V tomto anglickom článku o úlohe obličiek (renes) v regulácii krvného tlaku sú popísané kľúčové mechanizmy, ktorými obličky disponujú v regulácii objemu telesných tekutin ako základnej determinanty určujúcej hodnotu krvného tlaku.
L. Gabriel Navar, PhD
The devastating long-term consequences of high blood pressure include stroke, heart disease, atherosclerosis, renal disease, and other end-organ damage. From a physiologic perspective, it is not apparent why the propensity for hypertension is so widespread in the general population. Clearly, an adequate arterial pressure is essential for perfusion of the tissues to provide adequate oxygenation and nutrition to the brain and other critical organs. Although the various microcirculatory beds have the capability to adjust vascular resistance to autoregulate blood flow, systemic arterial pressure is usually maintained at levels greater than required for requisite tissue perfusion. The myriad of neurohumoral mechanisms designed to protect against decreases in systemic arterial pressure provide a reserve capacity for increased perfusion when there are increased tissue demands. The unfortunate consequence of having these powerful physiologic control mechanisms is that they may be inappropriately activated in certain circumstances or by genetically determined traits, leading to hypertension and cardiovascular injury. Evidence continues to accumulate indicating that the kidney not only is victim to hypertension-related injury, but also contributes as a villain to the hypertensinogenic process.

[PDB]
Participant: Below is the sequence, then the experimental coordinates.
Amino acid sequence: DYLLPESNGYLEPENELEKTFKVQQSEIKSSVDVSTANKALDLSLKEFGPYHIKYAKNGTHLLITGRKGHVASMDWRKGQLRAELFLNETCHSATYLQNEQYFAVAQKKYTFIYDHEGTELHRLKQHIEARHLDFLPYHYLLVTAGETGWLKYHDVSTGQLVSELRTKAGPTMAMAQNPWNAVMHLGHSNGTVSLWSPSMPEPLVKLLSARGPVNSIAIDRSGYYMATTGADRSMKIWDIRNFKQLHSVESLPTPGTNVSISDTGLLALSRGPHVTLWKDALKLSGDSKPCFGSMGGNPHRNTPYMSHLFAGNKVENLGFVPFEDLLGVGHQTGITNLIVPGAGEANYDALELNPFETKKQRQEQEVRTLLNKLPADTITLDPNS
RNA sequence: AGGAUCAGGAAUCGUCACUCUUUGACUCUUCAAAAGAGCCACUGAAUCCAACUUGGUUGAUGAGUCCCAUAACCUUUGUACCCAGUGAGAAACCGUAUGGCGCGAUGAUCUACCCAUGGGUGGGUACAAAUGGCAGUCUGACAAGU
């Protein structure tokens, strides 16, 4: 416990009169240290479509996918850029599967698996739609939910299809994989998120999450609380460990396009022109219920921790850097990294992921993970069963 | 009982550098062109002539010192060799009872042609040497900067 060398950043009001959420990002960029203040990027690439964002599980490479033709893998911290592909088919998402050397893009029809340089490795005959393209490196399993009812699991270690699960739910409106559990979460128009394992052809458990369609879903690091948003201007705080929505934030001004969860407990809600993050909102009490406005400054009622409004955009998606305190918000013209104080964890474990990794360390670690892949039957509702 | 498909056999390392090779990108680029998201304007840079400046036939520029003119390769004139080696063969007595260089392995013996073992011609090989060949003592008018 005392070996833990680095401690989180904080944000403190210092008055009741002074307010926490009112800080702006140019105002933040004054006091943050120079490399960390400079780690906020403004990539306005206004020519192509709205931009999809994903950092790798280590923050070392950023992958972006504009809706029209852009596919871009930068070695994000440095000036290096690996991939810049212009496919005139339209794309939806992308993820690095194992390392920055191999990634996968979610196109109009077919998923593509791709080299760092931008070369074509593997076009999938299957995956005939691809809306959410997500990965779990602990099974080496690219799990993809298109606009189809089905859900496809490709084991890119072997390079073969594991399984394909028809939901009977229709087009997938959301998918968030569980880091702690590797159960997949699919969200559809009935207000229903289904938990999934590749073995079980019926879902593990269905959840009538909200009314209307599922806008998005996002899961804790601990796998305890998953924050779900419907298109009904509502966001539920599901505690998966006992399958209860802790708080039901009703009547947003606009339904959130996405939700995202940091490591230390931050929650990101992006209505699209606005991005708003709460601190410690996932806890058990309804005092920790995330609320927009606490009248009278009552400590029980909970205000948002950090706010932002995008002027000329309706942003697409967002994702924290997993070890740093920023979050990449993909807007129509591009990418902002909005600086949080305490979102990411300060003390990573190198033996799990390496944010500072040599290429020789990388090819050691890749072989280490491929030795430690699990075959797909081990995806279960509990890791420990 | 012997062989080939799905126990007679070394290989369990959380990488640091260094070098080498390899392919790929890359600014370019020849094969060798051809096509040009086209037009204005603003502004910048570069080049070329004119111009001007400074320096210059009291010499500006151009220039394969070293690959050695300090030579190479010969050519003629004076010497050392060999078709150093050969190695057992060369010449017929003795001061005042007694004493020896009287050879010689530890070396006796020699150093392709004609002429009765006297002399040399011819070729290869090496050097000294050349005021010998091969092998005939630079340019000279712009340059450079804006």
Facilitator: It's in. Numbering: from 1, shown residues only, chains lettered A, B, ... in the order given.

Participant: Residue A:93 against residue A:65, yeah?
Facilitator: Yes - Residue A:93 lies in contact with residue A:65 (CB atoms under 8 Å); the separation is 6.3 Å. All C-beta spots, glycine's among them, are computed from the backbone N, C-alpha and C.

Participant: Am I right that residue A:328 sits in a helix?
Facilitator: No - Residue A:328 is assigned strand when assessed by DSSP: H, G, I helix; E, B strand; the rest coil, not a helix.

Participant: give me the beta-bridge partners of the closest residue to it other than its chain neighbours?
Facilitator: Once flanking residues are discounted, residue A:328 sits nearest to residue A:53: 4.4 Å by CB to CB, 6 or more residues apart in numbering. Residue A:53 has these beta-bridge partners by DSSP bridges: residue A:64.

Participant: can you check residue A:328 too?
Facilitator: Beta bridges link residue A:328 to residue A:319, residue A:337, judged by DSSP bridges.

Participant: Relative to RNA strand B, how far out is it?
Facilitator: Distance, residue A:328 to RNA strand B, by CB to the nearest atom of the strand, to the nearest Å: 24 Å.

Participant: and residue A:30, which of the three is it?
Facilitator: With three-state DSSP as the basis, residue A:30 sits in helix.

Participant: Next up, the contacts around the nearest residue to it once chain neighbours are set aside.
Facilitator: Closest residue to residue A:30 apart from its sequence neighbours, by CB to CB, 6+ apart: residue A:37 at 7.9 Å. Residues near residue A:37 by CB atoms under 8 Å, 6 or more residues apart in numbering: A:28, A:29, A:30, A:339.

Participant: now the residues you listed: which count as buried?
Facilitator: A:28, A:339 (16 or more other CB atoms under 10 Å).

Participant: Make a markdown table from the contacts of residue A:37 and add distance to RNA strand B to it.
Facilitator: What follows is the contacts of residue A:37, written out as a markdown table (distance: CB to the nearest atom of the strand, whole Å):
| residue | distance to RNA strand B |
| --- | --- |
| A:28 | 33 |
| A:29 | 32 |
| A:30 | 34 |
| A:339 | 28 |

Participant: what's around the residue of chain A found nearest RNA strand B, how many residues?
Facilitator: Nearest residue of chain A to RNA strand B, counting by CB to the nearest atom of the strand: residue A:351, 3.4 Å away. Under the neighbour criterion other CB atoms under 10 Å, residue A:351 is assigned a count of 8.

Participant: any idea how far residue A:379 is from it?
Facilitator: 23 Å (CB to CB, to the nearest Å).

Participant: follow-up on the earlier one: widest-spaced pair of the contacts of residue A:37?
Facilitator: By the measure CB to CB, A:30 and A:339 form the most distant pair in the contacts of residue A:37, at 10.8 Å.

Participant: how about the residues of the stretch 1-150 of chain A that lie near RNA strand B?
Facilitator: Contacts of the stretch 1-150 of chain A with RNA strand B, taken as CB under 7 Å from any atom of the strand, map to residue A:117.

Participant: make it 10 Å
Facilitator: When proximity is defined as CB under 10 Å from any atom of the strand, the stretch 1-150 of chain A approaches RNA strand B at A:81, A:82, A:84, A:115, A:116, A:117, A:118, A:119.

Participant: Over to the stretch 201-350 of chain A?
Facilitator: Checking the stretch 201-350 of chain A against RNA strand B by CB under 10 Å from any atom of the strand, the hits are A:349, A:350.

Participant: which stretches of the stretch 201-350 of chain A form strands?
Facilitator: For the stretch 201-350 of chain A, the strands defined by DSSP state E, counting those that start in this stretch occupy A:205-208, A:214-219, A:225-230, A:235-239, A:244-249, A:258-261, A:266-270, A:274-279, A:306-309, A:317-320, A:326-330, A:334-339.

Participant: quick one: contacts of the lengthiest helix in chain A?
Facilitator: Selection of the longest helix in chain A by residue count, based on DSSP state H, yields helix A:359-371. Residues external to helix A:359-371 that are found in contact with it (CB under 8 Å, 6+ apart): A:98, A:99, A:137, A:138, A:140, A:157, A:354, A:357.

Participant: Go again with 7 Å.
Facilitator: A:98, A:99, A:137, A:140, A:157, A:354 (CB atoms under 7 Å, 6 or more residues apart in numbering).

(J Clin Hypertens. 2005;7:542–549) © Le Jacq.
The major importance of the kidneys in the development of hypertension is dramatically supported by results from transplantation studies. In experimental animals, normotensive recipients of a renal graft from genetically hypertensive donor rats develop post-transplantation hypertension. These responses have been observed in at least four different animal models of hypertension. In addition, genetically hypertensive rats that have had bilateral nephrectomy and receive a kidney from normotensive rats exhibit a reduction in arterial pressure (AP). Clinical studies also indicate that recipients of a renal graft from a donor with a genetic predisposition to hypertension develop higher blood pressures and require more antihypertensive treatment than recipients of a kidney from a normotensive donor without a family history of hypertension. These transplantation studies support the concept that many forms of essential hypertension involve a primary renal disorder that may be responsible for initiating the process. In addition, several monogenic diseases of hypertension have been shown to be characterized by critical functional derangements that compromise the kidney’s ability to respond appropriately to increased salt intake.